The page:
Most outdoor areas will allow children to study trees. Outdoor classrooms located near trees or a Tree Seat will provide the ideal writing spot for children to study this unique lifeform that provides food, shelter and beauty to our world. Pupils will enjoy writing about trees as though they are human by using active verbs and personification, generating phrases such as: Stretching out their spindly arms, Decorating their heads with tiny nests.
Pupils can begin to imagine what a particular tree has observed over its lifetime. Writing as the tree pupils can talk about the changing seasons, nearby views, various playtime games, annual school activities and local wildlife.
Trees can often provide a focal point for an imaginative story, for example the characters gather and build their ultimate treehouse, a character lives inside a tree or the life cycle of a tree can be explored.
A school pond is a fantastic place for children to visit throughout the year to observe seasonal change. Stories and poems can be written of the fictional lives of the characters pupils find at a pond such as frogs, water snails, tadpoles and dragonflies. Pupils can be encouraged to think about the size, shape, colour, noise and special features of the species they discover.
Budding authors could write a mystery/spooky/adventure tale about what lurks beneath the ponds surface, perhaps observing the pond on a freezing cold day and creating a tense atmosphere when describing ice cracking and twigs snapping. Observing frogspawn in detail and describing what it looks like may inspire pupils to write a science fiction/ spooky story about metamorphosis/life forms.
Listen for the Bird Song
An Outdoor Classroom or a Learning Den are super spots for children to listen to the sounds around them. Children can use binoculars to search for evidence of birds in the area. Pupils can make their own word banks to describe the appearance of birds, how they are gathered, how they move and what they remind them of. Children can turn their observations into short poems which can be collated for a class bird anthology.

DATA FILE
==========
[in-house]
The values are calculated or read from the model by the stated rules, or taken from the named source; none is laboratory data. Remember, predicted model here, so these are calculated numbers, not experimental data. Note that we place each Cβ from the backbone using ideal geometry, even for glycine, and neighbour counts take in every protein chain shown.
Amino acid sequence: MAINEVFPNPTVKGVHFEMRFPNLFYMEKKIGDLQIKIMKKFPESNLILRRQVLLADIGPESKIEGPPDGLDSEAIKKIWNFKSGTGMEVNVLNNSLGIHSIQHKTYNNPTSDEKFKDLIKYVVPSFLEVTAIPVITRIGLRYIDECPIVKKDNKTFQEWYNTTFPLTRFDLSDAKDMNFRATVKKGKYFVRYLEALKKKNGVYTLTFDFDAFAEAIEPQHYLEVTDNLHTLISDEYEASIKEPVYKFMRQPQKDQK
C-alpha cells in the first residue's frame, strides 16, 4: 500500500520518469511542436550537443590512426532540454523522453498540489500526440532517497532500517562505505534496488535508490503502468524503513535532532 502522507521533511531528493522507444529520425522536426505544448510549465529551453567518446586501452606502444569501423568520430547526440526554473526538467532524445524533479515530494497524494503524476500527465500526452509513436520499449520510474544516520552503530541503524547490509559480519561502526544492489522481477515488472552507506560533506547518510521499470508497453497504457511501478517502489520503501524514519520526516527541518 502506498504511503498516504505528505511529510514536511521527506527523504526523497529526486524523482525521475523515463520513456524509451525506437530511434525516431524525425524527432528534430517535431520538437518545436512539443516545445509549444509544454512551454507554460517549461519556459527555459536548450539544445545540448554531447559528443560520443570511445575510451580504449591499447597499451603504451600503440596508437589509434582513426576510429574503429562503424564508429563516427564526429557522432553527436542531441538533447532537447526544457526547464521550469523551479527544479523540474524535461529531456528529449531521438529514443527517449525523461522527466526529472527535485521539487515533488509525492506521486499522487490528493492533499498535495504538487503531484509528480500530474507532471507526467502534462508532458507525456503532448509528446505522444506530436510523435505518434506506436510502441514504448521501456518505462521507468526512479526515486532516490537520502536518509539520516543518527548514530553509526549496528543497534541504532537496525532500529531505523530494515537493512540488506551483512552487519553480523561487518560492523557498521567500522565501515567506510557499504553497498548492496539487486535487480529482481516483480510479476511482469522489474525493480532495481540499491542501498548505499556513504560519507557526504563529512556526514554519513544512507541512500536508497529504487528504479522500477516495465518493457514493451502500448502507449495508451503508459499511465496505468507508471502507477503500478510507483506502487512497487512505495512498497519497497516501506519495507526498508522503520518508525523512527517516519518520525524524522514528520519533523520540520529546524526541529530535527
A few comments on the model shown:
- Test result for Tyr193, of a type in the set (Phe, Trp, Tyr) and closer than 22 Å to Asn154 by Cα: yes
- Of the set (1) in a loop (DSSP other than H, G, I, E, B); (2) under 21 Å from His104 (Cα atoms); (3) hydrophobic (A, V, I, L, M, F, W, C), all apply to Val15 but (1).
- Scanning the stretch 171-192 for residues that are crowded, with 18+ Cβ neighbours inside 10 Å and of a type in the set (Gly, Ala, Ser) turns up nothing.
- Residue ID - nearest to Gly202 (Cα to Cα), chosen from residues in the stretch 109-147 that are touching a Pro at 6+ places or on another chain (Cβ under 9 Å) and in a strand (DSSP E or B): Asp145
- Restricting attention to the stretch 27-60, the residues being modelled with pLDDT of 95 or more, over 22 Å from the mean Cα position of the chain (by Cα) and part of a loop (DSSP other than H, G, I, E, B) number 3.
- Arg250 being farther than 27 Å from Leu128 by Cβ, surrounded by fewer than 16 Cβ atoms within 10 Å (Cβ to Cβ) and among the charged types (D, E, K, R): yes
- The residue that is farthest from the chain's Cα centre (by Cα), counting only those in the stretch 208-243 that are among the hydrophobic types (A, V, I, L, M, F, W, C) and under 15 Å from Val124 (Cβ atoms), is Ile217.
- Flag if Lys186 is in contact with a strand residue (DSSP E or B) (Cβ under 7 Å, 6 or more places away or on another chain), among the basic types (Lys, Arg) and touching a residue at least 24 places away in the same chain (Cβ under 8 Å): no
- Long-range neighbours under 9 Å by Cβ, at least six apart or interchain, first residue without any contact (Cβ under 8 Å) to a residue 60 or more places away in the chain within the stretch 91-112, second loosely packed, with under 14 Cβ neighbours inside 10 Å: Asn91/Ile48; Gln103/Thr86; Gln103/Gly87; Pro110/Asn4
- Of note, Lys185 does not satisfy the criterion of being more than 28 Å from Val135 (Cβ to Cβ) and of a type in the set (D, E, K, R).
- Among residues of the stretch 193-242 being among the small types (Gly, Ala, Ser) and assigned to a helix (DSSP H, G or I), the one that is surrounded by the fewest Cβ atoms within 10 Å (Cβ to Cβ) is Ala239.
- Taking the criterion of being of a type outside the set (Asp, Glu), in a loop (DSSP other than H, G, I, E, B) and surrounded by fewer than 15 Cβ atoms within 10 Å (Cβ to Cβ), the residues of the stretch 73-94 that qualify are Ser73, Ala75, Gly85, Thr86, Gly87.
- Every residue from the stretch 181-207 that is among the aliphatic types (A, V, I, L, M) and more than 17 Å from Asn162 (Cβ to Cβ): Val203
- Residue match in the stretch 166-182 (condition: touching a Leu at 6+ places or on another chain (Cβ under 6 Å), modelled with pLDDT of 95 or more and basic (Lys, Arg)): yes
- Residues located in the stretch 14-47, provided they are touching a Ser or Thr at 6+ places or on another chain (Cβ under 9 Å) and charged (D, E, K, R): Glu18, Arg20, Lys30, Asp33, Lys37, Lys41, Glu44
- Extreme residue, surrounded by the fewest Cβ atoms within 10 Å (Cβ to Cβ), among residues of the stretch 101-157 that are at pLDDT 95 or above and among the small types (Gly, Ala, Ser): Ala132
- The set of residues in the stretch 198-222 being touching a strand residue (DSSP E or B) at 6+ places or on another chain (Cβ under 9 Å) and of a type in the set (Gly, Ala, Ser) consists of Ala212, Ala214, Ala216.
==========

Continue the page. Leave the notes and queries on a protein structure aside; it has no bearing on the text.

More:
Pupils can picture themselves as a bird, describing how it feels and what they can see as they take flight. Children could imagine that they are a bird out hunting and describe the types of food they bring back to the nest. Perhaps they are a homing pigeon who finds a note attached to its ankle with an important message on it…
Smell the Flowers
A school garden/planting area can stimulate children’s senses and inspire thoughtful creative writing. Pupils can design and write about their own, newly created flower species. They may write a poem about what certain types of flowers remind them of or they could take on the role of a flower and write a conversation between two different species. What would a tall sunflower say to a tiny daisy?
Observation and Discovery
In different seasons and on different days children will make their own observations about natural phenomena during outdoor learning. The wind will seem to play a harp, the dark clouds will swirl like shadows in the night and the autumn leaves will crack and crunch like a blazing fire.
Pupils will enjoy going on scavenger hunts to find natural objects of every colour and texture. Older children will be able to use simile and metaphor to describe objects as something else; cracked earth can be as dry as sandpaper and veins in leaves can appear skeletal.
Observing the sky and the clouds during different seasons and at different times during the day will inspire writing as children describe the appearance of the shapes they can see and imagine their own cloud-like world!